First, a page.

For his brand-new Santa Monica restaurant, Birdie G’s, chef Jeremy Fox has teamed up with Colby Goff and partners Josh Loeb and Zoe Nathan—the duo with whom he opened the award-winning Rustic Canyon and the Mexican-inspired Tallula’s. This latest concept, which is named for Fox’s daughter, is the chef’s most personal restaurant to date.
We sat down with Fox—following the spot’s preview series The Making of Birdie G’s—to discuss his inspiration; the dishes he’s been conjuring since before he even landed in L.A. (and before he won awards at Manresa and Ubuntu); and the experiences that reflect his journey—watching his grandmother cook in Pennsylvania, working in professional kitchens, and being a husband and a dad.
Resy: What’s your elevator pitch for Birdie G’s?
Jeremy Fox: It’s a classic American restaurant seen through my lens. I put together a menu and an environment that’s kind of been living in my head forever. It’s just all the things I want to eat, in a space I like. I don’t care if it doesn’t read as a cohesive thing. The cohesiveness is not being cohesive. I want people to tell me what it is to them.
The term “Midwestern food” has already been bandied about. Maybe it’s more a Midwestern sensibility. What’s that mean to you?
Everyone in the Midwest eats something different. The sensibility I’m capturing, it’s not just Midwestern. Yes, there are some things that are inspired by the Midwest, but [the menu is] all over the place. You know, it’s Mongolian tri-tip, tomatoes, and burrata. There are pastas. There’s grilled chicken, matzo ball soup, caviar service and steak, pork ribs and a chicken Caesar, crab cakes and crudo—all on the same menu.
It sounds perfect for L.A.—perfect for right now.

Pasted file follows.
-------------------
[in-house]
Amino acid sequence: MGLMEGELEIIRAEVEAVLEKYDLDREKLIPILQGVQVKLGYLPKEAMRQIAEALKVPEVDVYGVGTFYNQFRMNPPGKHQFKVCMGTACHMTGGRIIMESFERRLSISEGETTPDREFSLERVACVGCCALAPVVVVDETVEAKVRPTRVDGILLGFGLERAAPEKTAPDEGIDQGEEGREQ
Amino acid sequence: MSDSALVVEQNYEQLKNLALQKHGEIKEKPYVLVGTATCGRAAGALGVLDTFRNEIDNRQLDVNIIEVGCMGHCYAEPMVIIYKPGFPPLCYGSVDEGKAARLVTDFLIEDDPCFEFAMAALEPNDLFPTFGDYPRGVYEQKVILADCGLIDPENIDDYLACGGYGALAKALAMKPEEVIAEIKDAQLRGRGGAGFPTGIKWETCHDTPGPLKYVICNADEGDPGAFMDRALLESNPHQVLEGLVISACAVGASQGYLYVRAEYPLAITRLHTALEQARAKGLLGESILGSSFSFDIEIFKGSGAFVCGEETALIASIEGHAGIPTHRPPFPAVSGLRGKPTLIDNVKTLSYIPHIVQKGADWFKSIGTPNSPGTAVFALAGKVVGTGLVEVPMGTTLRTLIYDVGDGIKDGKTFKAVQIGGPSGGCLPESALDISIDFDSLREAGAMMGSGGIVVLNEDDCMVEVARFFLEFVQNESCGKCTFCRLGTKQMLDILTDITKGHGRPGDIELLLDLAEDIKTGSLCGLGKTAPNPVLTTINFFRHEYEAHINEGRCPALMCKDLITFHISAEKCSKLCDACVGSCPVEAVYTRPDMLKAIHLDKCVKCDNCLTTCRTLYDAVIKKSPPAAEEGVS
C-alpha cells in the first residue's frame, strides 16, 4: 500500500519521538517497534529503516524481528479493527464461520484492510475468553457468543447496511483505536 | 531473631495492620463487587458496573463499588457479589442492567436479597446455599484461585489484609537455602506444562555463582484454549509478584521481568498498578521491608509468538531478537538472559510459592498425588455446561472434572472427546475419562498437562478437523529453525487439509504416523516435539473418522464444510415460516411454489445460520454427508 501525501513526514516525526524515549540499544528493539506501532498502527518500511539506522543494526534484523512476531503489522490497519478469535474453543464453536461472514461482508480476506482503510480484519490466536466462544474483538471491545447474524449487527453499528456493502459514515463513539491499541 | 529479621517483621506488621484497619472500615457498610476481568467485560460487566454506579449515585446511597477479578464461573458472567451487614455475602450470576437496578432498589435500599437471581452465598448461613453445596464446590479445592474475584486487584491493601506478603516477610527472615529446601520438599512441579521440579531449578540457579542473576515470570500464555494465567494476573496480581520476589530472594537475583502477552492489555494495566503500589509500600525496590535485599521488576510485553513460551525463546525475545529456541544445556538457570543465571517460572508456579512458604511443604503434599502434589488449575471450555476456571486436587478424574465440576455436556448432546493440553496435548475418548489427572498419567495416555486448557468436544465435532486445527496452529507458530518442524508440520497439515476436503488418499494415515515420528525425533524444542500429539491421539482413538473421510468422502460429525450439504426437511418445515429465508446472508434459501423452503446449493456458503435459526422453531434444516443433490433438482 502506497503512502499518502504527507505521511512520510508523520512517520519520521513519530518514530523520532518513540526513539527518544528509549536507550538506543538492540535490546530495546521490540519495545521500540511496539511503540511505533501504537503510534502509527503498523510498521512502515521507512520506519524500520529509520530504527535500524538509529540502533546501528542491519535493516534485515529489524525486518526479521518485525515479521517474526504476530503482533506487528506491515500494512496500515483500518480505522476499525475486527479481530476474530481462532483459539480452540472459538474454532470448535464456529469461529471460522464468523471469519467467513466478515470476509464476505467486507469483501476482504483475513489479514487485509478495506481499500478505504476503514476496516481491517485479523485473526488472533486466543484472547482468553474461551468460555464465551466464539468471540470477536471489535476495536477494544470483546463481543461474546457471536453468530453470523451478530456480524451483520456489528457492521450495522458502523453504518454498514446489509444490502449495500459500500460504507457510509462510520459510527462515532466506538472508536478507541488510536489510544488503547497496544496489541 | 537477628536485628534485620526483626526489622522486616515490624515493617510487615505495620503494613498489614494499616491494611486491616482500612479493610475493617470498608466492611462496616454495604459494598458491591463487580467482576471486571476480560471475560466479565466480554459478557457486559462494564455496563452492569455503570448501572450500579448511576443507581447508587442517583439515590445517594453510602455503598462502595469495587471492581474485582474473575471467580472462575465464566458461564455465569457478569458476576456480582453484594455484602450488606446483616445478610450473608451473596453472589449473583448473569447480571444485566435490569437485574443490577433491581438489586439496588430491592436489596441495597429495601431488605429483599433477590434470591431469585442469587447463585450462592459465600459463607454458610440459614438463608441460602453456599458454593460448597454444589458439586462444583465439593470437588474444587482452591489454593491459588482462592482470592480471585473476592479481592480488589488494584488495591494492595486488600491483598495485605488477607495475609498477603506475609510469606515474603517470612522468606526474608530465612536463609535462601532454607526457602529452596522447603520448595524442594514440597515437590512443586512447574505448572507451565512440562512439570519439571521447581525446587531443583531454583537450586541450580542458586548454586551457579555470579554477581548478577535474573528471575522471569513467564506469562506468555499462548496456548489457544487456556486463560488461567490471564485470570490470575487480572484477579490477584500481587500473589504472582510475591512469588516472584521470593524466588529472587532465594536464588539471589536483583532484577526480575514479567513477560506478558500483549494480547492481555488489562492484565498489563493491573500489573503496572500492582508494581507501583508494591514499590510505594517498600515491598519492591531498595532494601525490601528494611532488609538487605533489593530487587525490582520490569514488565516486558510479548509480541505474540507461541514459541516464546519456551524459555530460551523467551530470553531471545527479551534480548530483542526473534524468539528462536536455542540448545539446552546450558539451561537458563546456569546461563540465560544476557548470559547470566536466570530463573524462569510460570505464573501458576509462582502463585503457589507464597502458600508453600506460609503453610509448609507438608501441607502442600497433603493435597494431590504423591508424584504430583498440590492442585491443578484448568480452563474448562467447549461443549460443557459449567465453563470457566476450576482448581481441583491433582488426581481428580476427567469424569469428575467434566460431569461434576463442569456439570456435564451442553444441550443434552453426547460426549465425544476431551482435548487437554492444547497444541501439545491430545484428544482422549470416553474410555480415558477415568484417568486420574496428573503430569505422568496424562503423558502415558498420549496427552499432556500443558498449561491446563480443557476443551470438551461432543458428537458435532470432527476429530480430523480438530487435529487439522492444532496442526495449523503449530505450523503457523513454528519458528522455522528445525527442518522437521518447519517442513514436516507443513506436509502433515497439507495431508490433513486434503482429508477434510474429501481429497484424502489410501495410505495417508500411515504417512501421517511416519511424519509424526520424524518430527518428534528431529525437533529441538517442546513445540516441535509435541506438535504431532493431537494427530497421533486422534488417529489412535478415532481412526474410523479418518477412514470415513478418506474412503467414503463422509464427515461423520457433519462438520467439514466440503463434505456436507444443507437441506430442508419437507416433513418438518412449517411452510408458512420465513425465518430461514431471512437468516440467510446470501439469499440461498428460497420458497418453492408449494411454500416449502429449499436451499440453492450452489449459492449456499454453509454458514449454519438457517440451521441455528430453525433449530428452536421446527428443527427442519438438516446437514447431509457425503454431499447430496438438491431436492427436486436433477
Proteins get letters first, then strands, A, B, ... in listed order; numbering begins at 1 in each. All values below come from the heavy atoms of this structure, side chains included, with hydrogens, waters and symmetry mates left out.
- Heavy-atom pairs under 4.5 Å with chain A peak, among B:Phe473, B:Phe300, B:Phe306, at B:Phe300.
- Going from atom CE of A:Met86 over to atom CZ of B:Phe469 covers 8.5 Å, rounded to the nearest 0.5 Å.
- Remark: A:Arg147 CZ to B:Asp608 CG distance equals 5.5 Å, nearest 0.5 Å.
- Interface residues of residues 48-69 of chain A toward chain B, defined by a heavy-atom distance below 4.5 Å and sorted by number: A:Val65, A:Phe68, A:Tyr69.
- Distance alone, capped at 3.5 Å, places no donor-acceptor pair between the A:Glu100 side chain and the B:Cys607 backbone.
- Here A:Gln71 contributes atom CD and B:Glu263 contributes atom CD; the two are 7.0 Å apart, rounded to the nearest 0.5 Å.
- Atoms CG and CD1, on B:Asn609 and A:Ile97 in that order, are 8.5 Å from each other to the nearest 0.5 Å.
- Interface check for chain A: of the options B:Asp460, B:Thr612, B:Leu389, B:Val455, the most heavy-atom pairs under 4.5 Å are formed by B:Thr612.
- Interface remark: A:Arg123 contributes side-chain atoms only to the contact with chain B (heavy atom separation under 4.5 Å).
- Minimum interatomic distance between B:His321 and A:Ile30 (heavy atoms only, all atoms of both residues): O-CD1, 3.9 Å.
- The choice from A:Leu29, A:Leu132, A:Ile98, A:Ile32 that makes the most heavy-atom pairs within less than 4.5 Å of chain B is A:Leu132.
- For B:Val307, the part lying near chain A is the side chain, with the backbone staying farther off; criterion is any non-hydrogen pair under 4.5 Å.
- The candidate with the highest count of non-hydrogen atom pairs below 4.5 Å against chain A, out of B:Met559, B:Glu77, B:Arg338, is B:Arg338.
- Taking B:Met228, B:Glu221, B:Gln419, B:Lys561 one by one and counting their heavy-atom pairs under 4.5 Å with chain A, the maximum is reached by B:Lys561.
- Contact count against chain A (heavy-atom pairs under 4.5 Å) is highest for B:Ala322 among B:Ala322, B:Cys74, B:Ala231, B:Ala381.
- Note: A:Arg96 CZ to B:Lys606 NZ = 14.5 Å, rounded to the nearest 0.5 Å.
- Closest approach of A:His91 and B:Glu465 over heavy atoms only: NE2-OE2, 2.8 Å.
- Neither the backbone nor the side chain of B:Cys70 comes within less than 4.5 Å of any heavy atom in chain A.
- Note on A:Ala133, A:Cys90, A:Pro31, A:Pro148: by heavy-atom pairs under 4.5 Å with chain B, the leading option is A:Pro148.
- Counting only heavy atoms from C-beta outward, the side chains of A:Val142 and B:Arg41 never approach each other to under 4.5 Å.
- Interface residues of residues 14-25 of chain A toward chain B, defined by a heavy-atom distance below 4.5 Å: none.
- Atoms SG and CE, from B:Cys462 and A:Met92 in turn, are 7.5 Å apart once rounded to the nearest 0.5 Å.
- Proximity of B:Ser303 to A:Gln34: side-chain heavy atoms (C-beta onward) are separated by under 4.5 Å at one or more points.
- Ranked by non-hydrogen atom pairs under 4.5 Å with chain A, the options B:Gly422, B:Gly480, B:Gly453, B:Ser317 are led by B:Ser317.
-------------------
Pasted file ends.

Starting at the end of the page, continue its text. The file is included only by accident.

I don’t find it all that revolutionary. It’s a place that has a lot of variety, a lot of craveable food. There are dishes that are made or inspired by friends, people I worked with, places I’ve eaten, places I haven’t eaten. I don’t think I’m reinventing the wheel—[I’m] just putting together a list of hits that I love.
A lot of chefs look to their family for inspiration—childhood is almost always the first time they thought about cooking and learned to love food. Birdie G’s is an homage to your own grandmother. What was Gladys like?
Gladys is my grandmother on my dad’s side. They lived outside of Philadelphia, almost near Trenton, New Jersey. I grew up in Cleveland, and I’d see them for winter break and pretty much the whole summer. I just thought they were the greatest. And they were grandparents, [so] they [though I was] the greatest thing too. She cooked a lot; I think every memory I have of her is in the kitchen. I can see that kitchen in my mind more than any other—even [more than] the one in the house I grew up in. [Gladys] cook[ed] matzo brei, chicken and dumplings, stuffed peppers, fried flounder, beef tongue, kasha, chopped liver.
We see that personal history reflected on the Birdie G’s menu. What are some highlights?
There are five Texas toasts, and all but one [is] served on the bread. The sweetbreads—which are like [the ones at] Jocko’s [. . .]a steakhouse in Nipomo, California—they’re charred on a wood grill, chopped into pieces, and served on [a] plate with Texas toast. You get toothpicks and a side of sauce made with meat drippings, brown butter, and Banyuls vinegar. It’s rustic and primal.
The Hangtown Fry is already getting some buzz. It sounds positively diabolical.
It’s a melding of matzo brei, which my grandmother would make, and a classic Hangtown Fry, which is popular in Northern California, where I worked. I wanted both on the menu, but I realized they’re both egg dishes, and brei and fry rhyme, so [I decided to] meld them. The eggs are fried in schmaltz with matzo, plus grilled bacon, fried oysters breaded with matzo meal, and hollandaise made with our own hot sauce. It’s definitely an over-the-top dish. I’m just going for it. Of course, as always, I’ll pay attention to what guests are saying. If I have to adjust, I will adjust. My job is to make people happy. But I feel like you have to make yourself happy to make others happy, and this dish makes me happy.